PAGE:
6/12/02: Liquids are going down okay again! Since I had an afternoon doctor's appointment, and a Gilda's Club meeting (for Young Adults) this evening, Jeff and I went for a bike ride this am. 3 laps (11 miles). God, was it windy. Jeff was coasting for quite a bit of the ride, and talking up a storm, so I just _knew_ that I am still anemic. And, my afternoon blood work didn't disappoint me: HGB of 7.9. Definitely anemic! (I'm also neutropenic again, with a WBC of 0.4.) Mom brought me to my doctor's appointment; we went with a list of questions, some triggered by information that I have gathered from conversations with a man who had a Ewing's sarcoma in his sciatic nerve. We learned: I have one more cycle of chemo before surgery (YEAH!); surgery will probably be in 5-6 weeks; the amount resected will be based on the size of the tumor before treatment began, not the current size; radiation might be needed after the resection if the borders are not clean; the doctor agreed with me that the tumor is shorter and fatter, and she didn't say this was bad; the purpose of my current chemo is to reduce the chances of distant disease (metastasis), and not to shrink the tumor; she's giving me some weeks off because she said that I've had enough vincristine for a while (but she might use the drug again later). The Young Adults meeting was enjoyable; I think I'll be more comfortable with this group then the other one that I tried. All of them wore wigs tho; I thought more people my age living in the city would be comfortable with their heads.

6/13/02: I'm starting to notice numbness in my finger tips. This is one of the side effects of vincristine. Biking for 45 minutes got me more out of breath than in the past.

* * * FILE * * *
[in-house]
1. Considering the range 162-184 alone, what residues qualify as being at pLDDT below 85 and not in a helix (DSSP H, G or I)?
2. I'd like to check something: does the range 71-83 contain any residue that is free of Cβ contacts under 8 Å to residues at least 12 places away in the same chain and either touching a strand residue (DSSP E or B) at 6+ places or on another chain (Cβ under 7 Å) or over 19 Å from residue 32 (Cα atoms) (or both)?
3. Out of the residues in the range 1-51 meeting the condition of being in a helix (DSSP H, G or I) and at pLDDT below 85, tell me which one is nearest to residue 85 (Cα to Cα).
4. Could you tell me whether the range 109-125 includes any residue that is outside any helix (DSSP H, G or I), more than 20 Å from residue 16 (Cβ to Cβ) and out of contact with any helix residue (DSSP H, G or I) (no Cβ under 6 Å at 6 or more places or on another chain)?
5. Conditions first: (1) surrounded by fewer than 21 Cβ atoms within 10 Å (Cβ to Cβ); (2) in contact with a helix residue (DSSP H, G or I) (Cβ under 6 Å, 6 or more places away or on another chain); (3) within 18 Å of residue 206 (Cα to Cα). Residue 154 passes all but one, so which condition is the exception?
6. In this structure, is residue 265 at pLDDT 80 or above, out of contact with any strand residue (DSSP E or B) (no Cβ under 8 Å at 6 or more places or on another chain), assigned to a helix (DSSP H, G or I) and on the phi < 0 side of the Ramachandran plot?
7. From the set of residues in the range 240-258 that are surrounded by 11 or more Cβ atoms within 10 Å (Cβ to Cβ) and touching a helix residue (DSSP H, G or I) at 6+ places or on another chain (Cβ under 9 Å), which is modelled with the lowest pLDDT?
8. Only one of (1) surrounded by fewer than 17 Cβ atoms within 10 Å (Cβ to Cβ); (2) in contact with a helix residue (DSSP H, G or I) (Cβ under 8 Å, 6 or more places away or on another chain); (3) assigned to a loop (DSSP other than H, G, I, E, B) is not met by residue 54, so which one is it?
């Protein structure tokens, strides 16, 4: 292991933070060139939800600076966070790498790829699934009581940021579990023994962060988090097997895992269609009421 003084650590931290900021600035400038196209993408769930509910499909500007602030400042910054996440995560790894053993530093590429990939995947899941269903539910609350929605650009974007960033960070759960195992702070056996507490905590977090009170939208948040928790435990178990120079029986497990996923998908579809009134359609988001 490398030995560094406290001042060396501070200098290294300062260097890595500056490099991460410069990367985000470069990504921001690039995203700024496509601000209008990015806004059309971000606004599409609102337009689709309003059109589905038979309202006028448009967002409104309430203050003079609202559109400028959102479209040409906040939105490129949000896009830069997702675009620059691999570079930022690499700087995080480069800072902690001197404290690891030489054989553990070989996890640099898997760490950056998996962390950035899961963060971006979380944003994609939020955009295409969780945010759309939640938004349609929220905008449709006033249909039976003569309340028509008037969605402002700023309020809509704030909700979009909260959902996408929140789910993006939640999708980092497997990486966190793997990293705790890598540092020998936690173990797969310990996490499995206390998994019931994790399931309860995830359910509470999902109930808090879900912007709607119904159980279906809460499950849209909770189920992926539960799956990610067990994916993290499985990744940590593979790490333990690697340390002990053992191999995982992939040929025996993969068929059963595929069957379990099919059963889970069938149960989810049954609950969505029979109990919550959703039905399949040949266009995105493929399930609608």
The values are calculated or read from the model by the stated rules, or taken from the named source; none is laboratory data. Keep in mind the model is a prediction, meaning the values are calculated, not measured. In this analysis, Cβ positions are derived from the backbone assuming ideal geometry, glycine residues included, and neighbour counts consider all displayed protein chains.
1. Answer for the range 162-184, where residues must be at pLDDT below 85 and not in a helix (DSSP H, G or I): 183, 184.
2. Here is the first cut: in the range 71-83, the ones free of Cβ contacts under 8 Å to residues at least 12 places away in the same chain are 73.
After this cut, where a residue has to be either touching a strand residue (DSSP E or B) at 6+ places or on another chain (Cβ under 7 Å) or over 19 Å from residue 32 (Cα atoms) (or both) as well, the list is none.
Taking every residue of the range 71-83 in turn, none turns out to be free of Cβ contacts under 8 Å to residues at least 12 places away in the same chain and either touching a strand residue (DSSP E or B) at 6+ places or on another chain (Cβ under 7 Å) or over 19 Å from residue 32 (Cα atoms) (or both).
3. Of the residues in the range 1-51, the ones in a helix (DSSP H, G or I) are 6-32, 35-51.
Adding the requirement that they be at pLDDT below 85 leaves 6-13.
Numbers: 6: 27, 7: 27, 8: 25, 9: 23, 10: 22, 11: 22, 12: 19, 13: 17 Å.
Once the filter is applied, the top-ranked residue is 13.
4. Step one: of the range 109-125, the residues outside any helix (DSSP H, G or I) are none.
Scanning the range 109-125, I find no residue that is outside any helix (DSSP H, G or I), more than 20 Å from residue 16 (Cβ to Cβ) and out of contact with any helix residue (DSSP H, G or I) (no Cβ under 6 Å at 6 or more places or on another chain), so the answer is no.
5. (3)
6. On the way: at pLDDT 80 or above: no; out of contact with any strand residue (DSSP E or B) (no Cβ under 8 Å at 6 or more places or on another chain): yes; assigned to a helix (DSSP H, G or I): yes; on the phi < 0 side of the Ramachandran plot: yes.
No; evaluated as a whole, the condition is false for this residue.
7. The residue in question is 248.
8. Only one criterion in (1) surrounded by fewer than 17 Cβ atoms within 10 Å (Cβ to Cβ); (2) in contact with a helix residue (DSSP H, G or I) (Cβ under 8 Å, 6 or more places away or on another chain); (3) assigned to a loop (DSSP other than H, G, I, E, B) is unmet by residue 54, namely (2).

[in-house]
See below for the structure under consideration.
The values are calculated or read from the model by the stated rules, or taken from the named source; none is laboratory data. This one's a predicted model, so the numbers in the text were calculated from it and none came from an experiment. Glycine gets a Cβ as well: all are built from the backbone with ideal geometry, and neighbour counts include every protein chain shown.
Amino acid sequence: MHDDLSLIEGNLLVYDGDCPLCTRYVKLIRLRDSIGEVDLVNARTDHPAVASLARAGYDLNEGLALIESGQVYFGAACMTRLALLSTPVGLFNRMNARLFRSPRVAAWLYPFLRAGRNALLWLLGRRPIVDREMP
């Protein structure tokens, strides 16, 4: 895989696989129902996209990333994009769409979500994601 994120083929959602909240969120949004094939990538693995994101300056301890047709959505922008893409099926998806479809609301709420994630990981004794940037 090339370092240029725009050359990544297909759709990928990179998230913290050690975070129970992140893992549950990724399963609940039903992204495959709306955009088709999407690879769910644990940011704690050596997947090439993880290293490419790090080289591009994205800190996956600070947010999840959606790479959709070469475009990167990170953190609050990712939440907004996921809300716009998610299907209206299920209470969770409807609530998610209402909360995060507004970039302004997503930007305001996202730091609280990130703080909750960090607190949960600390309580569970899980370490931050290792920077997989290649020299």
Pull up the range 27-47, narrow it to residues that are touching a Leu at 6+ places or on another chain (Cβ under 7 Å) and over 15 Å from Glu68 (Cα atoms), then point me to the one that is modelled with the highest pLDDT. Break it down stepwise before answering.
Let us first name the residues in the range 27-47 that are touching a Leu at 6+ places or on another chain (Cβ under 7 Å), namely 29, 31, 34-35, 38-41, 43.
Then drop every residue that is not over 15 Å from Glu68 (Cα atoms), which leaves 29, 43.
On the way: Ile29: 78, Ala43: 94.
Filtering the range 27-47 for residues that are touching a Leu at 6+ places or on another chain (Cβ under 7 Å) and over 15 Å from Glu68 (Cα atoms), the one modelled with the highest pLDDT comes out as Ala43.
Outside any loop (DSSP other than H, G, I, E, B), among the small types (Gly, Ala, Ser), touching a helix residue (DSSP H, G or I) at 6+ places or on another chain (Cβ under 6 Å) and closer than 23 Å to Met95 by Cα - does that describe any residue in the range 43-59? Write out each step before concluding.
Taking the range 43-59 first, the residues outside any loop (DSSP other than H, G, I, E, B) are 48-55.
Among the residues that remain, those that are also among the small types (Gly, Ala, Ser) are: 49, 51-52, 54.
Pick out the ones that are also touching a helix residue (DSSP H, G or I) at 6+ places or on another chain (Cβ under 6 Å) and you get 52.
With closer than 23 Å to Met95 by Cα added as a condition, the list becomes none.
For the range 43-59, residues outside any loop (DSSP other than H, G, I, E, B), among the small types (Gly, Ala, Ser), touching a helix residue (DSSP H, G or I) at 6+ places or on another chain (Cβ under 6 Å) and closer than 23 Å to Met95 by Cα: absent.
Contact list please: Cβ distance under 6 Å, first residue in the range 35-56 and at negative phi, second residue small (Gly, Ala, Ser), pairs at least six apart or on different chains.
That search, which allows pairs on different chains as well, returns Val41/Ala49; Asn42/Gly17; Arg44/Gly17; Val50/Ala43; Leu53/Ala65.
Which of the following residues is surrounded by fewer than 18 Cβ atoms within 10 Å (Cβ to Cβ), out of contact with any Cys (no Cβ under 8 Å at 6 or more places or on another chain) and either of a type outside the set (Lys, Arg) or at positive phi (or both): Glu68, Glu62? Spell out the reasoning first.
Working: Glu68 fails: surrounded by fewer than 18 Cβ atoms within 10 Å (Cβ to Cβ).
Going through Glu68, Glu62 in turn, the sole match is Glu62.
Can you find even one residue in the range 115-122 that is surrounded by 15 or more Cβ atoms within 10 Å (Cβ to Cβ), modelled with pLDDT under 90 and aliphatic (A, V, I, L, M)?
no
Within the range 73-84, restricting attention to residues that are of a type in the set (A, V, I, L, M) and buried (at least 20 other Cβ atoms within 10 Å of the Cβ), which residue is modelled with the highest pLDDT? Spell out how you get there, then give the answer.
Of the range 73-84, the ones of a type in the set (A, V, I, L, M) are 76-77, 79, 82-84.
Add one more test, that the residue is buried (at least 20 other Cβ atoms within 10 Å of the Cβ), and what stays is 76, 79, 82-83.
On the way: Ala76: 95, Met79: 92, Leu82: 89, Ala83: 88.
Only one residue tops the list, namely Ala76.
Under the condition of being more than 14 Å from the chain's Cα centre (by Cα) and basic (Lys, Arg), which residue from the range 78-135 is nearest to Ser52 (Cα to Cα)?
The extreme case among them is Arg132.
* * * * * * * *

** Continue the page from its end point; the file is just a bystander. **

6/14/02: I spoke with the doctor today about blood transfusions; due to my general health and age, she wouldn't consider transfusing me until I couldn't complete a sentence due to being out of breath and/or my HGB was at 5. Neither of these are true in my case now. (She also mentioned that I would probably reach the maximum allowable amount of doxorubicin during the second set of chemo.) But, it sure would be nice to be able to do my biking and feel good about it. While biking my 45 minutes, I saw a first season Buffy episode that I have never seen. Aside from feeling out of breath and a bit tired (I'm taking late afternoon naps), I feel pretty good. Walking is somewhat painful, and I need to sit frequently if I'm going any distance (a block or two is still way too far for me).

6/16/02: We spent Saturday with Tom's mother and brother, and I spent today with mine. It was very nice seeing both. Both days were low pain days, and, aside from shortness-of-breath and the head-pounding, I'm a pre-chemo person.

6/17/02: I'm feeling very well. Of course, I haven't been biking in a two days (due to weekend plans), so I might be more weak than I feel. I took a nap. Jeff and I biked around Liberty State Park; 10.5 miles (for me; he did more), 53 minutes.

6/18/02: Max (Jeff and Leanne's dog) and I worked in the backyard for part of the morning. Tom and I biked around the park: 14.3 miles. That was 4 laps, and I was ready to do another! But, I'm still taking my nap.